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over the Persian Gulf wells, oil companies will still keep raising the price as the precious reserves are slowly pumped out. Either way, oil will be getting more expensive in the future. As the price of oil increases, the first to suffer will be the world's poorer nations. When oil becomes too costly, their oil-based energy consumption will falter. A graphic example of this scenario occurred recently just 90 miles from Miami , Florida . It started with the collapse of Communism, when Russia was forced to cut off cheap oil imports to Cuba . An observer in 1993 wrote: " Cuba has become an undeveloped country. Bicycles are replacing automobiles. Horse-drawn carts are replacing delivery trucks. Oxen are replacing tractors. Factories are shut down and urban industrial workers re-settled in rural areas to engage in labor-intensive agriculture. Food consumption is shifting from meat and processed products to potatoes, bananas and other staples."

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RPS 1AC – Renewable Transition Advantage
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Life will become more difficult in the industrialized West too. Besides the increasing immigration pressure from suffering Third World populations, Europe and especially the U.S. will be scurrying to find alternative and renewable sources of energy. In their book, Our Ecological Footprint: Reducing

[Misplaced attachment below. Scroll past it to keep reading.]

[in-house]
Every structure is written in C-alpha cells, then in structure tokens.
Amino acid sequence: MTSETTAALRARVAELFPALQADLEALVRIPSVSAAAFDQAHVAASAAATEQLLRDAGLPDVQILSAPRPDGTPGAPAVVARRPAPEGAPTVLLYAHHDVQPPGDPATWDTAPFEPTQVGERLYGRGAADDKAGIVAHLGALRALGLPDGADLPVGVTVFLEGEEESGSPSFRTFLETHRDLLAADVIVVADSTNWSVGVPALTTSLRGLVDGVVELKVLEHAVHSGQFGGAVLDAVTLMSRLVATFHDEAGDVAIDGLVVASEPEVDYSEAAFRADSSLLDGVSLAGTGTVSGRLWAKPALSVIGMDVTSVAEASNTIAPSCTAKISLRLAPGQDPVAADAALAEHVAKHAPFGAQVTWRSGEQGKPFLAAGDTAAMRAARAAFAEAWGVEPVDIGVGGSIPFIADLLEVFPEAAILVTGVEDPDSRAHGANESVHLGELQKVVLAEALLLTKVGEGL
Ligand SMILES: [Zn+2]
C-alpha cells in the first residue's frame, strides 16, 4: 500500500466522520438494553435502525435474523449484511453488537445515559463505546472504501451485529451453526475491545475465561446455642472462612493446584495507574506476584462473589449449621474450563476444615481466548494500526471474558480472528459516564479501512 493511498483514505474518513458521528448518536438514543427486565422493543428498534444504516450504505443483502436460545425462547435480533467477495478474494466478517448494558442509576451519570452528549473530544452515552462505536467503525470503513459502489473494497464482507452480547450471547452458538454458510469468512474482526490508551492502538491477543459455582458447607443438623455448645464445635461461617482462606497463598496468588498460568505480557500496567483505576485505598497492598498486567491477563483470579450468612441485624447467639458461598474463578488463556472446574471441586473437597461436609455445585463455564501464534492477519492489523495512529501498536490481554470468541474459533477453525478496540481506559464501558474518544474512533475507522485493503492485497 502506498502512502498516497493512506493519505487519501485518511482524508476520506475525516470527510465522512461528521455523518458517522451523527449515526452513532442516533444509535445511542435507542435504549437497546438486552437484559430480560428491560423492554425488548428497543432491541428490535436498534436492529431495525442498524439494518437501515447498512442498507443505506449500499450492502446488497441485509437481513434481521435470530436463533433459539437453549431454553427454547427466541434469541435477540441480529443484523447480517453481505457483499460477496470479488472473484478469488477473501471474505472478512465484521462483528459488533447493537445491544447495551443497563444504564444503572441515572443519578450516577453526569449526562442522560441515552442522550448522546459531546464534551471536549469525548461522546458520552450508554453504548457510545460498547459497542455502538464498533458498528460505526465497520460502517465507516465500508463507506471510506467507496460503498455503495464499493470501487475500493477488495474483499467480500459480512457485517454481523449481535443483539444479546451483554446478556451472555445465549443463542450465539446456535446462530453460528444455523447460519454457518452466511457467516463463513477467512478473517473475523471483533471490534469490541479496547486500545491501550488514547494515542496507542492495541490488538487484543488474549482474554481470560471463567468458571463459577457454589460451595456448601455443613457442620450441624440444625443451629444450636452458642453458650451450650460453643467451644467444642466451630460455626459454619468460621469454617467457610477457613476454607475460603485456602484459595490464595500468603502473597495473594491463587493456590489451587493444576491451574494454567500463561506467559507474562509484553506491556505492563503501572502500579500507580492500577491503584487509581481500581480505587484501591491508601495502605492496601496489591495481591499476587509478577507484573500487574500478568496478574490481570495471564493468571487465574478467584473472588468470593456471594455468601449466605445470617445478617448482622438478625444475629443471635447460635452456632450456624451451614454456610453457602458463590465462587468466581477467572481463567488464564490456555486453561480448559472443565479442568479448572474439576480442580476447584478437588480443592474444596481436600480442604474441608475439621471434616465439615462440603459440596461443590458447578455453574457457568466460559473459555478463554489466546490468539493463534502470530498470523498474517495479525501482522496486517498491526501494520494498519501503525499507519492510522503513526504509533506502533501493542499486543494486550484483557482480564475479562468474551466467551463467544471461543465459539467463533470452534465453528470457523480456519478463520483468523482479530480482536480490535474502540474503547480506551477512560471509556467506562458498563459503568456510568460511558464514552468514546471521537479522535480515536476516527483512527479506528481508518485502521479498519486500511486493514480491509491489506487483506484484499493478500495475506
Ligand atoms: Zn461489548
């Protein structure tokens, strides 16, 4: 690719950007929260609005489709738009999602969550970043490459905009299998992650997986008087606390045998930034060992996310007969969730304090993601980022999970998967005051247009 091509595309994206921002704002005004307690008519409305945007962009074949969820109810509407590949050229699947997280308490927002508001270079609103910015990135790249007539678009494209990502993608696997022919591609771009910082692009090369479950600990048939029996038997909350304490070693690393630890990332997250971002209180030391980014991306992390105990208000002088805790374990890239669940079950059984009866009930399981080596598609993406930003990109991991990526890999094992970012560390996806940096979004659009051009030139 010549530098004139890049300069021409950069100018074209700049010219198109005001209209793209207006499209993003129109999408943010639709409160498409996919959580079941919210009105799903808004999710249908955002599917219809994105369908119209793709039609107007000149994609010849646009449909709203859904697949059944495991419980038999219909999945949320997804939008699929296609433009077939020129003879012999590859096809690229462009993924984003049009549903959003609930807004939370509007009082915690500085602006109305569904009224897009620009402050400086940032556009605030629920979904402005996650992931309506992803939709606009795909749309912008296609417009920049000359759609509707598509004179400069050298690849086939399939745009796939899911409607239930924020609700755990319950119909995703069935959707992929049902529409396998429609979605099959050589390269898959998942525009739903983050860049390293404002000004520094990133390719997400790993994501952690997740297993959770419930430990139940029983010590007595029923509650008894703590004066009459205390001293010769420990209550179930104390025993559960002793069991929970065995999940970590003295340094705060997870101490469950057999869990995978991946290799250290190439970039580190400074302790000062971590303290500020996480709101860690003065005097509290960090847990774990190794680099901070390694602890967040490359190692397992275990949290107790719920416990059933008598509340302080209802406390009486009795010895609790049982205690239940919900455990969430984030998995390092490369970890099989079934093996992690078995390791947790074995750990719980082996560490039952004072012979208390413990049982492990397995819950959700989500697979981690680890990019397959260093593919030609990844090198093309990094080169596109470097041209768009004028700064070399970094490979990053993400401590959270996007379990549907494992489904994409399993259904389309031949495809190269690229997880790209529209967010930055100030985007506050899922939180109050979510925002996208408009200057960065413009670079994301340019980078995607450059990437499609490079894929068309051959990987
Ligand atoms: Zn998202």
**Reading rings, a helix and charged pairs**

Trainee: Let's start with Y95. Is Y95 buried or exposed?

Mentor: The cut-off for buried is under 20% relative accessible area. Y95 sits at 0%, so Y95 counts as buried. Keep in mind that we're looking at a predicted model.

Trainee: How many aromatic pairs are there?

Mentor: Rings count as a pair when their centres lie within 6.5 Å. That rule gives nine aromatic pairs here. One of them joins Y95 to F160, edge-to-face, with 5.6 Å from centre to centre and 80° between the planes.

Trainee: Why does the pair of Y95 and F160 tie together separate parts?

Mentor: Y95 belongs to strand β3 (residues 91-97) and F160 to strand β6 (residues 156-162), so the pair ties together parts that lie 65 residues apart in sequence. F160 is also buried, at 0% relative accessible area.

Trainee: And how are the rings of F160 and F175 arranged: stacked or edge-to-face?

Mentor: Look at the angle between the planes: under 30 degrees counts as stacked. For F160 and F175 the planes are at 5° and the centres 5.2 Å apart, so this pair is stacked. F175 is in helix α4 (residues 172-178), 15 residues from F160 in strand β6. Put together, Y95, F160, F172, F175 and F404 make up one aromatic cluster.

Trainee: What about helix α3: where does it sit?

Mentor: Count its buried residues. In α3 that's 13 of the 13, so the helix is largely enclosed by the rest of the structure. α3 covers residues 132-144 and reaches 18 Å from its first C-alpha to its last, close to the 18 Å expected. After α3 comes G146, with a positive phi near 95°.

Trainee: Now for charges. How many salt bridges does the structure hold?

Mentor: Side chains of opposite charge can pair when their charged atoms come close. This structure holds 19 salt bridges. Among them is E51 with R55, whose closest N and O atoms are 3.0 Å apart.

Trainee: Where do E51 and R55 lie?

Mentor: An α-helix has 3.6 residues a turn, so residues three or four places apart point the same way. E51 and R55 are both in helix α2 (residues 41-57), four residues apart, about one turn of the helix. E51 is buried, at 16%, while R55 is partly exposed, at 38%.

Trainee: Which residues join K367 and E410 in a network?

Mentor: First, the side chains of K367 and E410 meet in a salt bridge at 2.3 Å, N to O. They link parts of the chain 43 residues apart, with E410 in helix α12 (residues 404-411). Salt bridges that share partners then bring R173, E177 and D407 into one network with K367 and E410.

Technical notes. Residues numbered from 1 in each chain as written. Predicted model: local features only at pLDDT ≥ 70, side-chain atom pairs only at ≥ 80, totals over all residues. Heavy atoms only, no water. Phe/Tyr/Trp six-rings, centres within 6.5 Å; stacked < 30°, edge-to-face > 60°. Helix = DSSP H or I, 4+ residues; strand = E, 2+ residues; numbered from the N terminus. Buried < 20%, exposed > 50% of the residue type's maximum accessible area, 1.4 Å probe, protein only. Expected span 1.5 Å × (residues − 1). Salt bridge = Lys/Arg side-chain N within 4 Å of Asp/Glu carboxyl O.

Human Impact on the Earth , authors Mathis Wackernagel and William Rees state, "With access to global resources, urban populations everywhere are seemingly immune to the consequences of locally unsustainable land and resource management practices at least for a few decades. In effect, modernization alienates us spatially and psychologically from the land. The citizens of the industrial world suffer from collective ecological blindness that reduces their collective sense of 'connectedness' to the ecosystems that sustain them." Under tremendous and increasing pressure politicians will have to address the fossil fuel and pollution crisis. Difficult questions will have to be answered. Key among them are: What alternative energy sources exist to replace our present great dependency on petroleum? New technologies will need about 50 years to replace existing sources in terms of convenience of use. Can they be obtained in significant quantity and how widespread around the world are they? What are their environmental impacts? It would be ideal if politicians began dealing with these problems now, but in democratic societies, political representatives are elected for short terms. Most politicians succeed by delivering short-term benefits and have little motivation to adopt costly, sustainable, long-term energy policies with the aim of preparing for the inevitable energy crisis. The Alliance to Save Energy believes that with just a few adjustments, society